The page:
Ulster Club Senior Hurling Championship final
Dunloy (Antrim) v Sleacht Néill (Derry)
Sunday, Pairc Esler Newry, 3pm
By Dan O’ Muirigh
In an Ulster championship traditionally won by Antrim teams, Sleacht Néill stand as Derry’s only winners of the competition and look to claim their third title as they take on favourites Dunloy on Sunday.
Back-to-back winners in 2016 and 2017, Sleacht Néill were defeated by Ballycran last year as they were stopped in their pursuit of three in a row.
Sleacht Néill marksman Mark McGuigan has revealed the impact this had on his side, and how the team regrouped after that disappointment in preparation for the 2019 season.
“Maybe a month or so after we played Ballycran last year, the players called a meeting and we just spoke about how we needed to start enjoying our hurling again and to go out and get a bit of pride back.
“We just wanted to put a bit of pride back in Sleacht Néill hurling and then after that results might start taking care of themselves. We put a big emphasis on numbers at training, we’ve had 30-plus men most nights this year. I know it might be cliche’d, but we did genuinely take it one game at a time.”
Staying true to this approach has served the Derry kingpins well, who won their seventh consecutive county championship when they defeated an emerging Dungiven team.
“Dungiven are really pushing us in Derry at the minute,” McGuigan conceded. “They’re up with the top teams in Ulster at the minute too, they’re probably just unlucky they’ve come at the same time as us and we’re just slightly ahead of them.
“We’ve got a really good management team, a good mix of youth and experience and taking in a few new players each year helps you stay ahead.”
Sleacht Néill did not make the same mistake as they did last year in Ulster, expertly putting away Middleton in the semi-final with a comfortable 1-17 to 0-8 victory to book their place in Sunday’s decider.
However, McGuigan gave an insight into the Slaughtneil mindset, with manager Mickey McShane expecting more of his players.
“It was a big one getting a good win. Mickey wasn’t happy after the match. He thought we probably should have performed a bit better. I think the problem was we hadn’t played since the Dungiven game four weeks ago and there was that wee small bit of rustiness there but semi finals are all about winning and we got the result, that was all that mattered.”
One of the highlights of the Sleacht Néill hurlers’ recent success was victory over Dunloy in the 2017 Ulster semi-final. However, both teams have changed since then and McGuigan is fully aware of the difficulty of the task ahead.
“Both teams will have changed a bit [since]. They have got a lot of young boys who’ve filled out a bit. A lot of them have bulked up. Their younger players who were 18,19 are now 20, 21. On the other hand, we’ve improved as well.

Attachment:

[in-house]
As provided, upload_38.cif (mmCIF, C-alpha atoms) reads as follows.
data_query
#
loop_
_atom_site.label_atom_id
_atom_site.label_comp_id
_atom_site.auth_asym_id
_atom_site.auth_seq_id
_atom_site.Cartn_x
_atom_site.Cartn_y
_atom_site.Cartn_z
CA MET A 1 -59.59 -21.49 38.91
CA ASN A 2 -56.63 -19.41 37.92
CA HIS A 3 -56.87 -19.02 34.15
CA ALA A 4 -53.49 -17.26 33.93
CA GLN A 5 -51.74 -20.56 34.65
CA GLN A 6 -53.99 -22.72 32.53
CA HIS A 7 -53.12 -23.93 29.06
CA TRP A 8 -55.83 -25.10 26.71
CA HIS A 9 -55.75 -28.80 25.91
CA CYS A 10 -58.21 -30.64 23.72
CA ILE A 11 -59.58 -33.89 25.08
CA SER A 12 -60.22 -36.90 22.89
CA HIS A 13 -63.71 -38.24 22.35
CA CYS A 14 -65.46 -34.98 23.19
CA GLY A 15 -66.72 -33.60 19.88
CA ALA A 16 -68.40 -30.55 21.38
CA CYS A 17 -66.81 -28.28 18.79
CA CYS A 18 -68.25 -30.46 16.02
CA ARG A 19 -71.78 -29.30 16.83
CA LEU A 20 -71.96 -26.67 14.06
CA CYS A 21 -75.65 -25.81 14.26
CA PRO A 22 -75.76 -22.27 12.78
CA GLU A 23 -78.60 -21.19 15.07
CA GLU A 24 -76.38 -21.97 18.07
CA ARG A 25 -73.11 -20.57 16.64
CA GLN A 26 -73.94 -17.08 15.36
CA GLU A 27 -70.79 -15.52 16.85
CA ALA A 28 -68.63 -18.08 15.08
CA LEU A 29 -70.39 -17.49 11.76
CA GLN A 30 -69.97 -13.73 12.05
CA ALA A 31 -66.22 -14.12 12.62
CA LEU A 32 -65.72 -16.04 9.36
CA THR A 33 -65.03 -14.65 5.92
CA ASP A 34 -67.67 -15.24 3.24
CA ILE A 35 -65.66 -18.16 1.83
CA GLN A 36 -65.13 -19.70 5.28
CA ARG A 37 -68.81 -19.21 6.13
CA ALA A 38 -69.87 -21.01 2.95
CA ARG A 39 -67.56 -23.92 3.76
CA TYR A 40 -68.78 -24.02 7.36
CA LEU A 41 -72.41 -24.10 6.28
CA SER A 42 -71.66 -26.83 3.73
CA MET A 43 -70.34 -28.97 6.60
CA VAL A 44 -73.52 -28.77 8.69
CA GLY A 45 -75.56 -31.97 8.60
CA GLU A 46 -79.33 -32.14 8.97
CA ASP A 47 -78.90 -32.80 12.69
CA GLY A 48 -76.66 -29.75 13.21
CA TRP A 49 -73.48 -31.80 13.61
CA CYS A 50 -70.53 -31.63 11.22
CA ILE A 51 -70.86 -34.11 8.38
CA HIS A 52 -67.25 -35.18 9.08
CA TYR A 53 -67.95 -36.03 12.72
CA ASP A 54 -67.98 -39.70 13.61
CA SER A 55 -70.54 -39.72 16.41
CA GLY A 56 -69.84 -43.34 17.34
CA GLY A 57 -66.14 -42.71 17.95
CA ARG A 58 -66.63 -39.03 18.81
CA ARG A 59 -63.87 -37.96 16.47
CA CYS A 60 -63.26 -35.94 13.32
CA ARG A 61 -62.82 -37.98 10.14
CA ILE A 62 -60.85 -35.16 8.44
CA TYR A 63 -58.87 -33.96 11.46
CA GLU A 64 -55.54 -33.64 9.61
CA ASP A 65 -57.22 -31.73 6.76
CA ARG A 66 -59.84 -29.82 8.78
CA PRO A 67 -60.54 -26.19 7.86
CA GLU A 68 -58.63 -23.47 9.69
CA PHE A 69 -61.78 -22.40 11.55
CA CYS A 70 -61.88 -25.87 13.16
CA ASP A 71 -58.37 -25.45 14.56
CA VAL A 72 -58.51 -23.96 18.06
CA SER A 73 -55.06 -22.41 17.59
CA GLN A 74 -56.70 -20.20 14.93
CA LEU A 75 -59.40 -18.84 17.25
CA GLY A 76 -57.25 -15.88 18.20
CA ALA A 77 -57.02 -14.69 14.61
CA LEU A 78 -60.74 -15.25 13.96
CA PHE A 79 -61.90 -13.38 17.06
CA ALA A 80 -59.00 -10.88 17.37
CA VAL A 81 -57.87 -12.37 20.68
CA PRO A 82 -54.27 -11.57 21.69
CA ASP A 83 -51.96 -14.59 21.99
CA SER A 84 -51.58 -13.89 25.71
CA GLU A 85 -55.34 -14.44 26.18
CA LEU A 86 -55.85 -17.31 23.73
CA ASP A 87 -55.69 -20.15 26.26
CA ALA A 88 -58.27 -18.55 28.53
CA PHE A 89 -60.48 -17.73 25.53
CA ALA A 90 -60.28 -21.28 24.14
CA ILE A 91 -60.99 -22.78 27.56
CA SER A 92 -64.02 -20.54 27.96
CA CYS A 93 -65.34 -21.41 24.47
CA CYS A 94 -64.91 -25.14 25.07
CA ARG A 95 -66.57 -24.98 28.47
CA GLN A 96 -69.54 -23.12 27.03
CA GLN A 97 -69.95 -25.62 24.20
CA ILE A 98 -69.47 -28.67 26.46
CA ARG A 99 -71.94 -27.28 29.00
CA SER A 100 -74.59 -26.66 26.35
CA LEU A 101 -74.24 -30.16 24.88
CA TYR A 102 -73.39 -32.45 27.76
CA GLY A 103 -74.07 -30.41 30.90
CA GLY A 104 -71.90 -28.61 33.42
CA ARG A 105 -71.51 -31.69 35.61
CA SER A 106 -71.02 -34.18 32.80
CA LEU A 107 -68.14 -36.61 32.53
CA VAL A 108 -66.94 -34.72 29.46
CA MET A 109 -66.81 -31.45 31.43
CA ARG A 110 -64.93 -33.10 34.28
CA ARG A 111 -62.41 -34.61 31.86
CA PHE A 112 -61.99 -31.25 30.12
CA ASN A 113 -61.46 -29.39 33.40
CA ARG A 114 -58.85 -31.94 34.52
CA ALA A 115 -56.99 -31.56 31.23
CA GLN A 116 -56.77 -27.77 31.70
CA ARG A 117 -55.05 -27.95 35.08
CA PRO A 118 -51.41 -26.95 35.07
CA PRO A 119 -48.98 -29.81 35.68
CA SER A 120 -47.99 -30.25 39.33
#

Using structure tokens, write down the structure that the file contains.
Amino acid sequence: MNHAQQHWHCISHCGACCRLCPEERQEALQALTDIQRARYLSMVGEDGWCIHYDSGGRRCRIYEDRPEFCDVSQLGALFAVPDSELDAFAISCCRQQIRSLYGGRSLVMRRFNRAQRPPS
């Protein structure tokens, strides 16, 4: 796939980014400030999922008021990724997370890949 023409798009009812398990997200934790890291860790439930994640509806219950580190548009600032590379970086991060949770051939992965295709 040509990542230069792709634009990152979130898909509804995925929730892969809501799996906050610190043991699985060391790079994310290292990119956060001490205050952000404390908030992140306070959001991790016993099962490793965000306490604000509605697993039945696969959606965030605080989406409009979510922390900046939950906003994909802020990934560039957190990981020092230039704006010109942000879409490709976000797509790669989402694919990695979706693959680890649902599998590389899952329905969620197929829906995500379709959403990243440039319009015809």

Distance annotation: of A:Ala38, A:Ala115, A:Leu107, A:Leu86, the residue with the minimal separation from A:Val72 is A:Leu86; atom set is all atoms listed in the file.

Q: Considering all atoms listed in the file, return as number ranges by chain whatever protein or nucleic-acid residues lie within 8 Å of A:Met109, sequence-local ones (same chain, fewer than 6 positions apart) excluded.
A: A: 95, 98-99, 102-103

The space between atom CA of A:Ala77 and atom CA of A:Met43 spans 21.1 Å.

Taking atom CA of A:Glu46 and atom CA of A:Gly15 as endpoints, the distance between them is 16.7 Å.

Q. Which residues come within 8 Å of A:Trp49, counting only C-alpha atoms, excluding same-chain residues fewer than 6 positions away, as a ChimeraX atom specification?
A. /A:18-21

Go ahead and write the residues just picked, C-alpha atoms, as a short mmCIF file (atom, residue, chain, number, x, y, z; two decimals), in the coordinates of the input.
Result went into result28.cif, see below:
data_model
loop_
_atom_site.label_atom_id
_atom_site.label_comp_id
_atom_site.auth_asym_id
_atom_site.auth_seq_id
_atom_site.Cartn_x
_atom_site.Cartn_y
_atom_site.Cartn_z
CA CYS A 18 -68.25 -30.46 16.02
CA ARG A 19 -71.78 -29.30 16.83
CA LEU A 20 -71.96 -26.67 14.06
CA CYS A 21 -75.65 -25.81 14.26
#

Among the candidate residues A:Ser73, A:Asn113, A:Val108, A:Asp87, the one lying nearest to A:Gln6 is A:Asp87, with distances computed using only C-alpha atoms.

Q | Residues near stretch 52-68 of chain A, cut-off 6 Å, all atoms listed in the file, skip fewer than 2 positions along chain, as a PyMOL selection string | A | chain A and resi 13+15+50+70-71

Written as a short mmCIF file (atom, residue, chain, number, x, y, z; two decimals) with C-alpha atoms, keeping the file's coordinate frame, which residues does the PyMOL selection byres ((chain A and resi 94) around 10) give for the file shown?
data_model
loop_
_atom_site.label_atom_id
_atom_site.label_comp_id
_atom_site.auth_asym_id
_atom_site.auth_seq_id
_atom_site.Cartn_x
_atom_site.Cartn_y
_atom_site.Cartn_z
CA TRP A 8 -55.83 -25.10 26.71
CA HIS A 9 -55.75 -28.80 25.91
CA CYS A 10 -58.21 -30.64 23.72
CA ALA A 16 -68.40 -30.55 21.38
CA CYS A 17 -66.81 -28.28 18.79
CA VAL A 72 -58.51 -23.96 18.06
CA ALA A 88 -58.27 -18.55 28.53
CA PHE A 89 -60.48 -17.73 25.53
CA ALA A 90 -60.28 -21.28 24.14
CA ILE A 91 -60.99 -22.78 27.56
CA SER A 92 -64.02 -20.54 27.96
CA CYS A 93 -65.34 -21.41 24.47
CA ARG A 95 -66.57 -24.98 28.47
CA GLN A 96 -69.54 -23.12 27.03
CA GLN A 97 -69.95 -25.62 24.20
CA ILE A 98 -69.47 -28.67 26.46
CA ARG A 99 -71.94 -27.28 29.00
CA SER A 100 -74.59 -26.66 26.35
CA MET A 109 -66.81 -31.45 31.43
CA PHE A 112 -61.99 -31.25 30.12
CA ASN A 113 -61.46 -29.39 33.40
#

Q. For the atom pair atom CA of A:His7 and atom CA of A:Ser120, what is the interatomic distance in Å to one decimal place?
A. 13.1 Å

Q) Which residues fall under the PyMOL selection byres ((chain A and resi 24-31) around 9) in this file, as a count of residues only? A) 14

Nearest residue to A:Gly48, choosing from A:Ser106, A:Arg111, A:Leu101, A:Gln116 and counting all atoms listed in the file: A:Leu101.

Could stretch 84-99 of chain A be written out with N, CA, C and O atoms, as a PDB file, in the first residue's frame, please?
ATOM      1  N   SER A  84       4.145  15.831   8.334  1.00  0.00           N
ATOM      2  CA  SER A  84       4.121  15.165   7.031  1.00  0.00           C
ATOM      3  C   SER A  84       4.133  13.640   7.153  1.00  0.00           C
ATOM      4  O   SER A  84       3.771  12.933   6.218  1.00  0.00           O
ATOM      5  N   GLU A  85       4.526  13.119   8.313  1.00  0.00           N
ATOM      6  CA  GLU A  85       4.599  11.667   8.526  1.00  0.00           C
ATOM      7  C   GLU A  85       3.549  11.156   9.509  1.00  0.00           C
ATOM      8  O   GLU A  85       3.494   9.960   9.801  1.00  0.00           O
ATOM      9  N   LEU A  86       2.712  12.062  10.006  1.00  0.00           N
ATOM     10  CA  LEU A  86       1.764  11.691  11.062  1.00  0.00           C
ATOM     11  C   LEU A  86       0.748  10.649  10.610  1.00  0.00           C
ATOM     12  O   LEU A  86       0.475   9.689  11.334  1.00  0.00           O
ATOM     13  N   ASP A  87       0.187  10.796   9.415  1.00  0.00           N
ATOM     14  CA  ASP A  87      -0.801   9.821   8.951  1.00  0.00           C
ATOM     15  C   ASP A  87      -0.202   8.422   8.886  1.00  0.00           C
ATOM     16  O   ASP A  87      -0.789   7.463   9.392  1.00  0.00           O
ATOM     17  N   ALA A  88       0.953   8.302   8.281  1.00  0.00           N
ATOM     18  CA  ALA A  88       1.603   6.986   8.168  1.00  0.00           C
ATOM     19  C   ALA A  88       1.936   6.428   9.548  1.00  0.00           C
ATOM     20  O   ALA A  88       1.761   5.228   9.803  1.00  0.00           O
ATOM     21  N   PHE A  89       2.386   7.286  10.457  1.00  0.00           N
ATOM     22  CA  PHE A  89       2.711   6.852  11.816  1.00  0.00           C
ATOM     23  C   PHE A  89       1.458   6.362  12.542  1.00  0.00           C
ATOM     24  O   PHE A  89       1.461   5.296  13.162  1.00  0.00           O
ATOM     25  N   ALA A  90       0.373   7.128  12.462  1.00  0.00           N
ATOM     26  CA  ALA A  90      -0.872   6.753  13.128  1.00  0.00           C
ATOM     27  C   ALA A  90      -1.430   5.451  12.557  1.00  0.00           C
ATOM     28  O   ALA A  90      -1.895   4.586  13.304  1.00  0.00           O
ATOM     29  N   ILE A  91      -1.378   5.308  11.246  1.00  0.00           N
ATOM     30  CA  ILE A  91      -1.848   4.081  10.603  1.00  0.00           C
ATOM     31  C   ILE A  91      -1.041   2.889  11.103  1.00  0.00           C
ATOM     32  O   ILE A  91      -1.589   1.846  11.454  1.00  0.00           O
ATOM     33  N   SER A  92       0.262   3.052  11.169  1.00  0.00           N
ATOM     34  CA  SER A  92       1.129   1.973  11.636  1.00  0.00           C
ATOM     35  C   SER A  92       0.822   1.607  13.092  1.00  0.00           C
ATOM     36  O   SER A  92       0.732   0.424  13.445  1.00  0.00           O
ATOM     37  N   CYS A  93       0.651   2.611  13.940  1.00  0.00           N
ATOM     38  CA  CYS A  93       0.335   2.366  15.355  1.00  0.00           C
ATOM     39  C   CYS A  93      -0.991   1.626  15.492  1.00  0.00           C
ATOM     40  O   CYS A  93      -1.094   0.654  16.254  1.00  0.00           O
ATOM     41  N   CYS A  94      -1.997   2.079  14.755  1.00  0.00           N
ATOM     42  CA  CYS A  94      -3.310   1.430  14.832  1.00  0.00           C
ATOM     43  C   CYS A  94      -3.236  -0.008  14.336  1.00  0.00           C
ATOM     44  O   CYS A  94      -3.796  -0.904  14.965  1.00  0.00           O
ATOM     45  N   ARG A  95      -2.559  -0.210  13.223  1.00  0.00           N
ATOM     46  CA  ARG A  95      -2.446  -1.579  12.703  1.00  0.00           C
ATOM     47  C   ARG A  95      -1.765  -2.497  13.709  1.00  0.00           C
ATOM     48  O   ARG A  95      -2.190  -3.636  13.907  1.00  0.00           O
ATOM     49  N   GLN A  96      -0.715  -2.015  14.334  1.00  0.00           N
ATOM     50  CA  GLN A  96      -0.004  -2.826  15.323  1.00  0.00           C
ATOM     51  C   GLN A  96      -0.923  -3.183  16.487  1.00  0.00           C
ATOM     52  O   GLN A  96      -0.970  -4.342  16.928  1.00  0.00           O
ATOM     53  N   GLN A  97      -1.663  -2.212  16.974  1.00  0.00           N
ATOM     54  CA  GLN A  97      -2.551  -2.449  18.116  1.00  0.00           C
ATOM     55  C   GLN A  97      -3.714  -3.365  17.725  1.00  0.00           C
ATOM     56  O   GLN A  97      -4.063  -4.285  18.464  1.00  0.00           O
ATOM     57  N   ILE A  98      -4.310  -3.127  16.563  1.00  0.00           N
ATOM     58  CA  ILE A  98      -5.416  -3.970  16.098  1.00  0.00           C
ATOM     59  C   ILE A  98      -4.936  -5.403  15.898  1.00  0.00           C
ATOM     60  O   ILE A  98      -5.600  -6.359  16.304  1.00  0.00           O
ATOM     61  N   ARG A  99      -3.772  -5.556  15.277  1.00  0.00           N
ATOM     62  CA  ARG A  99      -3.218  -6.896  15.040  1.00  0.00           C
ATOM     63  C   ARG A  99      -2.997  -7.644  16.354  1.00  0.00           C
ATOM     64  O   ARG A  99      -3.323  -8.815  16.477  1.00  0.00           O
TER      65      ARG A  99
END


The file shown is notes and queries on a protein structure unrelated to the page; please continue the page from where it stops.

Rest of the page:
“It’s on the day. They’re everyone’s favourites to win Ulster. There’s pressure on them to deliver that, there’s pressure on us to get back to where we were. I think there’s an equal amount of pressure on both teams and it’s all on the day.
“We’re under no illusions that they’re massive favourites and that it’s a massive task. It will probably will be our toughest ever game that we’ve had in Ulster but we know the task ahead and hopefully we’ll give it our best shot.”
Despite this, it’s pressure that Sleacht Néill have become used to as a club and exactly the type of game that McGuigan and co will relish a return to.
“The mood in the camp is pretty good. We haven’t really got any injury concerns so we’re going in with a clean bill of health. Everybody is raring to get at it.
“We missed out on getting to the final last year so there’s a bit of a buzz about the club the last couple of weeks.
“We sort of got used to the last few years, but it’s just good to get a bit of a buzz back about the place.”
Sunday’s game is another part of the remarkable Sleacht Néill story, with unprecedented success across all three codes over the last number of years.
“It’s really special, to be honest,” McGuigan admitted. “There’s a lot of boys on our team who play county hurling and football, university level and school teams, and they’ve got success there. But I think it’s different for club.
“There would be sisters playing in camogie games, cousines, neighbours, all that. There’s a real community feel about it. It helps bring everyone together when you’re winning, on the big days out in Ulster where the supporters travel to support you. It gives people a lift in the community and it’s great to be part of.”